Steve’s struggles were hard on their children as well, all of whom ended up being placed in quarantine at home. Nathan, 24, who lost his job because of the pandemic, dropped 25 pounds.

“You go from worrying about grandpa to worrying about dad and then yourself because we all tested positive after being exposed,” he said.

Dianna said her son’s way to cope was to walk endless laps around in their yard.

Dianna and Nathan were asymptomatic, but the same could not be said for Hannah, 21, who was in her senior year at Marietta College when the campus closed and she returned home.

Nathan said his sister, who has asthma, showed signs of the virus and was given a combination of antibiotics, including the malaria drug. She began to recover after five days.

Hannah said she was more concerned about her father than herself.

“It was really hard not knowing (if Steve would recover) … No one really knows and it was really hard to hear that answer,” she said. “But I knew dad would be OK because he is strong and a fighter.”

Dianna said Hannah is very much like her father and was able to provide her with emotional support to remain positive.

“She’s got a lot of that in her,” she said of her daughter.

Hannah said the one thing she learned during the ordeal was try not to take the people you love for granted.

On April 20, Steve was sent home. He was 30 pounds lighter and forced to use a walker because of his weakened condition. Steve said he was so weak that he needed help pulling blankets up and down while lying in bed.

“Now I’m doing much better. I can walk five, ten minutes around the yard. Before, just walking to the bathroom wiped me out,” he said. “I try not to feel sorry for myself because I know a lot of people out there who’ve had it worse, but it has been difficult.”

His in-home physical therapy has ended, and Steve is scheduled for his first check-up. His first question for the doctor is will his breathing make a complete recovery.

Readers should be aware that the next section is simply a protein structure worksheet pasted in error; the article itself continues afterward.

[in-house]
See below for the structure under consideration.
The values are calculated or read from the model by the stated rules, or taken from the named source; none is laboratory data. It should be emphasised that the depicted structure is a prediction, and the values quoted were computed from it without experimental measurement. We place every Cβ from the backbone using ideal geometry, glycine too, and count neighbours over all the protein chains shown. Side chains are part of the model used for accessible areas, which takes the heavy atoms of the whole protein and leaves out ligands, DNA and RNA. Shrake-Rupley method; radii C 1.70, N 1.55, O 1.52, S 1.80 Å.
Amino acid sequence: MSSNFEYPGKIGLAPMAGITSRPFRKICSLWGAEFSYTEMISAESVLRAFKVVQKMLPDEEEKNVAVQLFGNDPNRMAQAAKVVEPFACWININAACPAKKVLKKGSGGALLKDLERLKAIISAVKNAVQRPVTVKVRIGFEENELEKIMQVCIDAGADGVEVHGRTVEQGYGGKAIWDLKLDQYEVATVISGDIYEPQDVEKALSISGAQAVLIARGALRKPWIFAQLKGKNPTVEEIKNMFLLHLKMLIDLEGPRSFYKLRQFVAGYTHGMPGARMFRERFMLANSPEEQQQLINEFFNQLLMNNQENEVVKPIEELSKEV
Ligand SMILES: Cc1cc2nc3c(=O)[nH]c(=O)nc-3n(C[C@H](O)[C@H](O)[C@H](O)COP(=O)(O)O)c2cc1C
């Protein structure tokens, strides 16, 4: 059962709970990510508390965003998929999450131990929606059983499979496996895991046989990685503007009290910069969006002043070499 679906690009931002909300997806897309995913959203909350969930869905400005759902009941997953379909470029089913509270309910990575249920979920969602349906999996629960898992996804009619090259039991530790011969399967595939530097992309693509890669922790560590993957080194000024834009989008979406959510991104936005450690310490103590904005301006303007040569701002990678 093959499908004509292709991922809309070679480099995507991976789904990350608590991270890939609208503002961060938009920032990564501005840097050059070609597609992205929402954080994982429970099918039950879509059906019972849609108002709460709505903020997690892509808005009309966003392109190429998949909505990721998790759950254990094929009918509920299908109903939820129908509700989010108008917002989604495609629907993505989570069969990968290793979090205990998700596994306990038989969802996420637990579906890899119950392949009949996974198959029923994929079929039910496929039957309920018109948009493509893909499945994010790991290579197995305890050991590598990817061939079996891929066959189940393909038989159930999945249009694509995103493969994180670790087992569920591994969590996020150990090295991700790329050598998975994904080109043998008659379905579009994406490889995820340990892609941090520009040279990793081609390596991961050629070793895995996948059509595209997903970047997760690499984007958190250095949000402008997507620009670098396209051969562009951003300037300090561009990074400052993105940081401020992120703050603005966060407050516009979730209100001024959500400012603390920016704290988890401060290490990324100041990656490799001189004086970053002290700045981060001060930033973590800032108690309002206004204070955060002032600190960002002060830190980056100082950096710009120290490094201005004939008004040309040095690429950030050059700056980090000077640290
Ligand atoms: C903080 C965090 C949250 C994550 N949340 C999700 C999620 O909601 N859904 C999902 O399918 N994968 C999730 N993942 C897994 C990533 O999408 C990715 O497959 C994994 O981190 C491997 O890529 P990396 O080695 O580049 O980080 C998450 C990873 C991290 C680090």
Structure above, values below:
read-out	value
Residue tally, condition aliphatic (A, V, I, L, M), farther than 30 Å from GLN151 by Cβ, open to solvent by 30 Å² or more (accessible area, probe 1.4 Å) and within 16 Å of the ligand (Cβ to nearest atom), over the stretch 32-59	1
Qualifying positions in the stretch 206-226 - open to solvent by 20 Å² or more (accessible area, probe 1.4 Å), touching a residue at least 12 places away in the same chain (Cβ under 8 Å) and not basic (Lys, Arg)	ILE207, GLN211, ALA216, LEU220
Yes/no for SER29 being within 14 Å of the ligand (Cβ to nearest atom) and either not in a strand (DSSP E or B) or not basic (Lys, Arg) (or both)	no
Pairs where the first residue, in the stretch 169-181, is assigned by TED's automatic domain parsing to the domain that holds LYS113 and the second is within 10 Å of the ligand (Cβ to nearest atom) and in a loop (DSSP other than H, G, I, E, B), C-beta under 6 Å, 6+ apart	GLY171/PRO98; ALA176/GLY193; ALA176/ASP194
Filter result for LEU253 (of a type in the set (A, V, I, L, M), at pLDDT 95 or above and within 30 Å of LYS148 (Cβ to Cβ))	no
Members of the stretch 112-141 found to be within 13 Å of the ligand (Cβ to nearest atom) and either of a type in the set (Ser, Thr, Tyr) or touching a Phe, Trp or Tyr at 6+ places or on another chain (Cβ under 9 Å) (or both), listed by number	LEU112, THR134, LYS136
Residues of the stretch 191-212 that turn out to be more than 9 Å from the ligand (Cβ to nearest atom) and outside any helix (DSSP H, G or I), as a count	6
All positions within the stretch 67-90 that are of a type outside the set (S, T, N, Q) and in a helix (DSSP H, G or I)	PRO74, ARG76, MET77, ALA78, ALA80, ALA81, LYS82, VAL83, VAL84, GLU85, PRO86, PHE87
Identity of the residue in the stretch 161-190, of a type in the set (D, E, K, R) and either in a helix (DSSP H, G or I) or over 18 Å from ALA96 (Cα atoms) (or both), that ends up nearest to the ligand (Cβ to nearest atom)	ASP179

“And I know the answer will be ‘I don’t know,'” he said. “When they tell you that, it’s a bit of a scary feeling.”

His one doctor told him it could take up to a year to fully recover. “I’ve still a long way to go … but I’ve got a lot of motivation to get all the way back.”

Until Steve is well enough to return to work, Nathan is helping running things since the pizza shop reopened on April 28 after closing for a month while the family was in quarantine. If Steve was worried whether his loyal customers would return under the circumstances, he need not have been.

“The very first week we reopened was the busiest week we’ve ever had in our 60 years, and the following week was about the same,” he said. “We didn’t know what to expect. We had no idea, but our customers have come back and we’re just thrilled.”

The family was also appreciative of the community support they received while Steve was hospitalized. He said people were praying for him and they received countless get-well cards, trays of food and even money.

“I just want to let the community know how much we appreciate what people have done,” he said.